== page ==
I spent numerous years in Africa and the biggest problem I say was that it was all about the doing and not about the relationships. When we got together as missionaries it was about the task not about who we where as the community of God. So I had to protect my task so that you wouldn’t get the money I needed to do my thing. Our focus on the doing destroys the community that God is building.

  8. Jeff

    While I agree with you on the importance of being. We cannot also forget the word of God’s admonition to be doers of the word and not hearers only.

    We must develop a balance in our lives where our doing emanates from our being. Doing apart from being results in the prideful dangers of the Pharisees but being apart from doing results in the failure to fulfill the great commission.

    We should always serve because of who we are, led by the Spirit of God, for the purpose of glorifying God in this life. Light’s work (illumination) occurs because it is light and so should our works occur because we are children of the Father.

  9. Dave
    Thanks for your reply. I agree with you we do need the task but what I saw many times was the task was the focus. I believe it is both/and but we need to get the two in right order. In my thinking the doing needs to flow out of the being.

    It is hard to just jump into a conversation because there are not common meanings to our words and those need to be learned in dialogue with each other. By ‘being” I am thinking more of relationships. Our ‘doing’ needs to flow from our relationships. First with God, then with others. I realize that this is very simple explanation and it needs a lot more development, which I can’t do here. So to say, we probably more in agreement than appears at first glance

  10. Jeff,

    You are absolutely correct. God’s order is always of utmost importance. It is clear to me that “being” always came first in scripture.

    No where is the order of being then doing made more clear than when Jesus says to Peter, “But I have prayed for thee, that thy faith fail not: and when thou art converted, strengthen thy brethren.” (Luke 22:32)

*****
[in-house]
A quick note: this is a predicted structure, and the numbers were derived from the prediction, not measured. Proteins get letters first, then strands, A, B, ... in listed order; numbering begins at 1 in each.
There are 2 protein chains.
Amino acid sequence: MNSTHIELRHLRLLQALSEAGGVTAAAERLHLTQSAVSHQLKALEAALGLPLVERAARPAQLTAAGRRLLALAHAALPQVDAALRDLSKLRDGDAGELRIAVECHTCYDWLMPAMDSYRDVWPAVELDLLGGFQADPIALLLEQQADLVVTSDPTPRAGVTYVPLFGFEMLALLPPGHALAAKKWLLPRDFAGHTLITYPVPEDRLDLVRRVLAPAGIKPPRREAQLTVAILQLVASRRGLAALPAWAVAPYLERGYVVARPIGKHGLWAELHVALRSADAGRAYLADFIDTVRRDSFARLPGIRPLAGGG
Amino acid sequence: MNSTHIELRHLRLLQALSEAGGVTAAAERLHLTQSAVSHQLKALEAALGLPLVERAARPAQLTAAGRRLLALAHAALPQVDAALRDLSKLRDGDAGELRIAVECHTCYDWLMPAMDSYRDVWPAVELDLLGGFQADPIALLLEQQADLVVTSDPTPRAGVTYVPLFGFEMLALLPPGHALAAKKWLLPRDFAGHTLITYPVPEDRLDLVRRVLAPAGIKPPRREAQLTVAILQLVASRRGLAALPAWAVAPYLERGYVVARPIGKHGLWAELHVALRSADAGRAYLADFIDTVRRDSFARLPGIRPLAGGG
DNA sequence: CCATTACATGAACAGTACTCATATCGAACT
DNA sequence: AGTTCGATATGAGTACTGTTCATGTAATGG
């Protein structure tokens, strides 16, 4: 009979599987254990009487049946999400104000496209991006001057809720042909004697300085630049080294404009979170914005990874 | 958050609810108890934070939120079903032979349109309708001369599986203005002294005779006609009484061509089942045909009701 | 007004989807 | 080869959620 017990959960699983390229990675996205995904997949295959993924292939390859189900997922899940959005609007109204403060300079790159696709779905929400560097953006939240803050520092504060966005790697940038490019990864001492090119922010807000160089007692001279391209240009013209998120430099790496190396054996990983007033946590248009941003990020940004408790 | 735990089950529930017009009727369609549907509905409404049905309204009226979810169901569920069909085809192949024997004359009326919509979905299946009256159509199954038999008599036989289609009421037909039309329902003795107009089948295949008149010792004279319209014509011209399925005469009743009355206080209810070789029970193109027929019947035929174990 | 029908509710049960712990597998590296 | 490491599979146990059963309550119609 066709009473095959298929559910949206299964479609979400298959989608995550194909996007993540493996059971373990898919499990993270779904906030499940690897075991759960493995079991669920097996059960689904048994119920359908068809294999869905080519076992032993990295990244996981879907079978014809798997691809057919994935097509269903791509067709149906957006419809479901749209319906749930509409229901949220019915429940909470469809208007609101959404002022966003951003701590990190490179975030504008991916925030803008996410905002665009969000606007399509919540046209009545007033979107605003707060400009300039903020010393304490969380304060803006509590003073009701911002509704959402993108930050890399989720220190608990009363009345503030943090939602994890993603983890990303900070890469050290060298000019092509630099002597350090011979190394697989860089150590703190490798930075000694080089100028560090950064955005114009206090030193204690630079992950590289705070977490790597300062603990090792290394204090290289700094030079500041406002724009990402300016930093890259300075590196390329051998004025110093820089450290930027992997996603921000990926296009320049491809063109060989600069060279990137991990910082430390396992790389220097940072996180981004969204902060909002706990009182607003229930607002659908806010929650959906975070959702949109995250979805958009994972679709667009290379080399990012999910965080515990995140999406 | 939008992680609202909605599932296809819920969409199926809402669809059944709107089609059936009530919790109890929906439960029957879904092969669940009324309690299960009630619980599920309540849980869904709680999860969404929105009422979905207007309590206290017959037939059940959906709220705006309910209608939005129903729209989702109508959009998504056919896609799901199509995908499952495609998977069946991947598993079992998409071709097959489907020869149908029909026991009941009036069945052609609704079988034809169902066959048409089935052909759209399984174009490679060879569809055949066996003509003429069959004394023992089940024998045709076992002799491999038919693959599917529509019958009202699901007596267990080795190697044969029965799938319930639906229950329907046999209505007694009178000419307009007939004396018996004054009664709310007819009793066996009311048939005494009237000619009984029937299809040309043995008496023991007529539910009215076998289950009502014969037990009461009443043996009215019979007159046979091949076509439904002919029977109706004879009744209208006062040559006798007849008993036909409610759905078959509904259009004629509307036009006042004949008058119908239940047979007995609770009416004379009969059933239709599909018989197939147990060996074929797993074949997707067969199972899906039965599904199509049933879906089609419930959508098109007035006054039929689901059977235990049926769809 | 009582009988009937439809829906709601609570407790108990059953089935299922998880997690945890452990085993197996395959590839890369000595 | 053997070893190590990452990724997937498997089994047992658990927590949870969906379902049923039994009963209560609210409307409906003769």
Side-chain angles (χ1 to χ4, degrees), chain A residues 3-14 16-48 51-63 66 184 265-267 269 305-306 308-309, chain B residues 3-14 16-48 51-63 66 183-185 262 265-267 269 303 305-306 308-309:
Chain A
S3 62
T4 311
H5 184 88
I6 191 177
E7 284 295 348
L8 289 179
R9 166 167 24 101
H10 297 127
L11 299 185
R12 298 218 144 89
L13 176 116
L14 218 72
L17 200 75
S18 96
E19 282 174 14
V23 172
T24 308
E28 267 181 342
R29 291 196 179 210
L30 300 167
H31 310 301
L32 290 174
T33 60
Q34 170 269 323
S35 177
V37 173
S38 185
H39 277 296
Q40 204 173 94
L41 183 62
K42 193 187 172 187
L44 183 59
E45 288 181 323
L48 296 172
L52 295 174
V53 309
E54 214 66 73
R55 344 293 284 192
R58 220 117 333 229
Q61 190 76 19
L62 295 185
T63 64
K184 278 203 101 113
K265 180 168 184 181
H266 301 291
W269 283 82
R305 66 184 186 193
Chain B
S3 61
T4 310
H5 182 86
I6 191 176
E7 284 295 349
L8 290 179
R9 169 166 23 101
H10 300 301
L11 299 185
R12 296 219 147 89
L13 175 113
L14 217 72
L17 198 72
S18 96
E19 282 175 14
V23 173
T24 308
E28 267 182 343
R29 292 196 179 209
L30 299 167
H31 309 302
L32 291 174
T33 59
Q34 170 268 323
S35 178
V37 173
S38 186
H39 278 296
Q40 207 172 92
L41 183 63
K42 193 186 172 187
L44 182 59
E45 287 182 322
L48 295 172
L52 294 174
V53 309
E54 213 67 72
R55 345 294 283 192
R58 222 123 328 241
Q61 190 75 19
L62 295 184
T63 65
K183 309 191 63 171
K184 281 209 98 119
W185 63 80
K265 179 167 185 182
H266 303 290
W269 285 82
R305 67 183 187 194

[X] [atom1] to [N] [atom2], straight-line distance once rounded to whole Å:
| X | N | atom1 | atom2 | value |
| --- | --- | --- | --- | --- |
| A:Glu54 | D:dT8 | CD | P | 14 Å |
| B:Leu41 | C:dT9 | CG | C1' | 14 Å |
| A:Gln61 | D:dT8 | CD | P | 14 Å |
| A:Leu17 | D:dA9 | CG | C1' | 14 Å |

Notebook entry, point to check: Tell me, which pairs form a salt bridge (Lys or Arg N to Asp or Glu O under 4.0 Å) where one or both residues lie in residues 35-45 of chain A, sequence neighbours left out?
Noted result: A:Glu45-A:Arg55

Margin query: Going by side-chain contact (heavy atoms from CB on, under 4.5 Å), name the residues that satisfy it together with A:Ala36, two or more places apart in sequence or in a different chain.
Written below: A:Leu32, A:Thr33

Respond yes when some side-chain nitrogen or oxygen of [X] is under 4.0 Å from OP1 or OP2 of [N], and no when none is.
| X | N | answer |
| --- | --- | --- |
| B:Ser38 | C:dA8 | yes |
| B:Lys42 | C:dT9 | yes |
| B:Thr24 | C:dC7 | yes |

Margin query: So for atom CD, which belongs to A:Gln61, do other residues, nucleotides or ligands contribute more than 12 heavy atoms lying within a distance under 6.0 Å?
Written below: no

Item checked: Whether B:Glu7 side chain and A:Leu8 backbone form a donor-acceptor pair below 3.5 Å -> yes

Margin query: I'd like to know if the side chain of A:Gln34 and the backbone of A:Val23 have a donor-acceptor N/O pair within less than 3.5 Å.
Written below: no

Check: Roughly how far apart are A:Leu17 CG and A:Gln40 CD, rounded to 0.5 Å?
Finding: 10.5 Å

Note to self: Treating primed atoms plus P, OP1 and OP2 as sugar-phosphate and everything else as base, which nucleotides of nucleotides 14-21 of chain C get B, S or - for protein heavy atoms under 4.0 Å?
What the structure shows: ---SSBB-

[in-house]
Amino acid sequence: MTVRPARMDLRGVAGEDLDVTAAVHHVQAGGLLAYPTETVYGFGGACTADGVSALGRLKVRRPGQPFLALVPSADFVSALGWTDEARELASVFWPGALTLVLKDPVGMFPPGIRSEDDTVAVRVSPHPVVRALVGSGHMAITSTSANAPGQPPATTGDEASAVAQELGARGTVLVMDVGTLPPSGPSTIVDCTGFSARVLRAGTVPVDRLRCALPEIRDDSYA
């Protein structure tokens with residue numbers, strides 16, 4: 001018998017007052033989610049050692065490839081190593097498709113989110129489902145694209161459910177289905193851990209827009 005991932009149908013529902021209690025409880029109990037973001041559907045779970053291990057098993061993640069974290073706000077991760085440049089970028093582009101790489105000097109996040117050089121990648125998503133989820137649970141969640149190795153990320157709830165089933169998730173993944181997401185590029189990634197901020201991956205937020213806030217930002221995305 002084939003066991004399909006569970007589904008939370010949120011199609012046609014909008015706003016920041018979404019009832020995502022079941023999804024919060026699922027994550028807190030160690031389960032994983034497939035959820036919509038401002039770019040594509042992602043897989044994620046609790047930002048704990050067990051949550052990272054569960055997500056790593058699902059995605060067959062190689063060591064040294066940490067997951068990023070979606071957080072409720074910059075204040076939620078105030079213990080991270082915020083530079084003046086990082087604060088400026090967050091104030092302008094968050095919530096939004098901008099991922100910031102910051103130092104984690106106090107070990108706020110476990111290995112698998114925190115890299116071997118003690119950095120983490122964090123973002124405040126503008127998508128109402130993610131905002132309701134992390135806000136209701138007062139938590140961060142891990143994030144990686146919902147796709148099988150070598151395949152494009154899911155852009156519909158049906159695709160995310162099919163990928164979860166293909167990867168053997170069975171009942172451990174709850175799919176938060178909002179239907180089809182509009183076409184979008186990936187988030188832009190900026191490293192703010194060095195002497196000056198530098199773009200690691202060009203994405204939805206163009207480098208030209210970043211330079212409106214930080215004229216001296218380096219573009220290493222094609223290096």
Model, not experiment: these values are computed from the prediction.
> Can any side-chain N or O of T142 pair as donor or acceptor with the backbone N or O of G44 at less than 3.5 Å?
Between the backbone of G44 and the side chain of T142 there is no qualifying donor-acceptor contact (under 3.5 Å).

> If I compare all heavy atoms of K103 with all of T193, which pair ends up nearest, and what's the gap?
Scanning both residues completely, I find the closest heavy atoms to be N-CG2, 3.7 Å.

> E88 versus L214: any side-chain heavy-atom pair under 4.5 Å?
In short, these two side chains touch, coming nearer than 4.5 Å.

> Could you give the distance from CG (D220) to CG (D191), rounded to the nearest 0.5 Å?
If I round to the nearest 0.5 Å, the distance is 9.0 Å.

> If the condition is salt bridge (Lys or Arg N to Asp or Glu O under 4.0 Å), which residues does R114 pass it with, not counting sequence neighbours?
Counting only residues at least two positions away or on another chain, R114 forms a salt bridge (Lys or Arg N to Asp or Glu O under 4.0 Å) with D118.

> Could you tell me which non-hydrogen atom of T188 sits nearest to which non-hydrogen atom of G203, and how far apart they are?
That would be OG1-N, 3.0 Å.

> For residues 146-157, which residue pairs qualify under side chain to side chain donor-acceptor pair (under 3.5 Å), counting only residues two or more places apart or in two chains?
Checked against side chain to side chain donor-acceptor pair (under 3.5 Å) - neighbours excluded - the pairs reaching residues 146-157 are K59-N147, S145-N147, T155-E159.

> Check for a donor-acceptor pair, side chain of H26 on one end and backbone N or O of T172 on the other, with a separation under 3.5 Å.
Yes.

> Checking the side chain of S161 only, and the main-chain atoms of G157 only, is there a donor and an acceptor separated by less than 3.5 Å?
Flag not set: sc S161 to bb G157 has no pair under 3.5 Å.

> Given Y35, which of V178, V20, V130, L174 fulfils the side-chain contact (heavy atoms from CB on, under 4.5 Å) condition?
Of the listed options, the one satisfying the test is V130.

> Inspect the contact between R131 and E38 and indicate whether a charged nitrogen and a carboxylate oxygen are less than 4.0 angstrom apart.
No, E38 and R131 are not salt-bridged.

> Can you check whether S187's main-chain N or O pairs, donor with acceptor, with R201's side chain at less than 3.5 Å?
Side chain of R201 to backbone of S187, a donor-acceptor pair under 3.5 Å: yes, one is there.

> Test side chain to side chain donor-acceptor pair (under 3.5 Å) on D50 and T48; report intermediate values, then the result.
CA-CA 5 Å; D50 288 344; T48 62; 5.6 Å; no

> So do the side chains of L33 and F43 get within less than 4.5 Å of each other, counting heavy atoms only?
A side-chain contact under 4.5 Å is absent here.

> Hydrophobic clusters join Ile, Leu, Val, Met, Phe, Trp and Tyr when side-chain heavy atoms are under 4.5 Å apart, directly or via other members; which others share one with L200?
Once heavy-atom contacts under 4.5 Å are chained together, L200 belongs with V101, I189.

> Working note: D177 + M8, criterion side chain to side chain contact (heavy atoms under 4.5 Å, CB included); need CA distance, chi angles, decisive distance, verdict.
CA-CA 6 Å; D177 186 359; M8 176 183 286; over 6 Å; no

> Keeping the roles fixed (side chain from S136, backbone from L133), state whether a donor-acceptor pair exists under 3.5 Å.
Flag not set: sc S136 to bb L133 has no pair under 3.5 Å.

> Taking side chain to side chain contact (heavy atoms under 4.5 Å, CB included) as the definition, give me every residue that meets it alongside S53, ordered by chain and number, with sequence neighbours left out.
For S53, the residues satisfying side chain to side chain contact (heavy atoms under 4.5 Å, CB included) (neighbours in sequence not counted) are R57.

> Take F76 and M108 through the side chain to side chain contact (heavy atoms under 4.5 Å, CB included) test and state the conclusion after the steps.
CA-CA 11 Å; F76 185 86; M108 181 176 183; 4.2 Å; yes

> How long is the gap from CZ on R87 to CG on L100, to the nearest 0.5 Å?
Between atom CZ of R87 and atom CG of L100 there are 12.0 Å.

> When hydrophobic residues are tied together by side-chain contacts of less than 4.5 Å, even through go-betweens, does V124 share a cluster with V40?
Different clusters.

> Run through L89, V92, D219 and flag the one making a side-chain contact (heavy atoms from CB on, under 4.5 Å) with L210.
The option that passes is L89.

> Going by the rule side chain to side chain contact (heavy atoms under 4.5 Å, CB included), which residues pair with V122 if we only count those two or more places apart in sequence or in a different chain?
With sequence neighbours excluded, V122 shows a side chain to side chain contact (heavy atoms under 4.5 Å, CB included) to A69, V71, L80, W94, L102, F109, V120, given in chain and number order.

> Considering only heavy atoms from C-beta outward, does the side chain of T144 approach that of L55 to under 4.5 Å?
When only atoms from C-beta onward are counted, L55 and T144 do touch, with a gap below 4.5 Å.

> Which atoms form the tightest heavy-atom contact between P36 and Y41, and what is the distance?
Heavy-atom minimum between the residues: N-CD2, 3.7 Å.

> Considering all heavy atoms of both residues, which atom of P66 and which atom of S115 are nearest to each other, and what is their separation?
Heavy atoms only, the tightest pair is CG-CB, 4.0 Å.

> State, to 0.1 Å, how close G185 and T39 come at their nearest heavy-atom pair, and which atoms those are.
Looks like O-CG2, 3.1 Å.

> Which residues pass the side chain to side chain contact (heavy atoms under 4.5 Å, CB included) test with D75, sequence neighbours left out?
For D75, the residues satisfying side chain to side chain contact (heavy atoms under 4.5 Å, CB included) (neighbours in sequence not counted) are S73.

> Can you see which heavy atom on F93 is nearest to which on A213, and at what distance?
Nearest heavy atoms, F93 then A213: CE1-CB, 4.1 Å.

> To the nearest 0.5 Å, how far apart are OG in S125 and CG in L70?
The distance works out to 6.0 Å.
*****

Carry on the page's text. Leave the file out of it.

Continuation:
Jesus was telling Peter that his being would drive his doing. I guess that my comment was just a concern that we don’t swing the pendulum from the extreme of doing without being to being without doing.

    So … I do agree with you in this area.

  11. Dave,
    I thought this was the case. I think this what Jesus is saying in John 15, especially in verse 5.

    In my own missional journey this is what I am learning. The relationship needs to be there or we are just a noise gong. Too many times we make people a task to be done and not a person to relate to.

  12. @Stepchild: Yeah, I’ve considered saying, “Come spend a week walking in my shoes and see how you do.” I believe the outcome would change their mind, but only then.

    @Jeff: Too many American missionaries before me have made the nationals in my field “a task to be done”, and the nationals are very aware of this. It has made them more suspicious of me as a missionary as I’m viewed (at first impression) as another one who wants to tear through my agenda regardless of the people’s feelings. We’re making headway, but it will take years.

  13. @C.Holland: The same thing happened to us in Africa. We are now understanding that mission begins in relationship. We have so much to learn. We think we have the answers but we don’t even know the questions. I’m looking at Trinitarian Theology for a paradigm to develop my Missional Theology.

    I am beginning to realize that our Theology of Mission is developed from a Reformed Theology perspective which focuses on Soteriology. Trinitarian Theology focuses on God so it has a much more relational perspective.

  14. I agree that we should talk more about being a missionary, but since the church (at least the church in America) won’t support you just because you “are” a missionary, we all feel like we have to make a dent, so to speak. I try to put myself in the place of a church member listening to a guy just “being” a missionary and I would think, “Yeah, but are you doing anything?”

    So maybe I’m not there either.

  15. Dan,
    Yeah, but it sounds like you’re talking about “being” a paid missionary. Mobilization is about trying to get people involved. I think a lot of people who aren’t on mission might see things differently if they understood that mission is what they were made and saved for.

    As for answering the question, “Yeah, but what do you do?” If a believer comes to understand that mission is the missing piece in the puzzle of his spiritual life, he’ll have less difficulty seeing his actions (the doing) as part of that mission. If we were to truly redefine missions as being, the church wouldn’t be disappointed to hear about a missionary that “only” works a secular job and invites his neighbors over for dinner.

    The church (at least the church in America) has, in general, a very poor understanding of what missions is. I’m happy to partner with people who are working to challenge bad missiology and provide biblical alternatives.

    Thanks for your comment.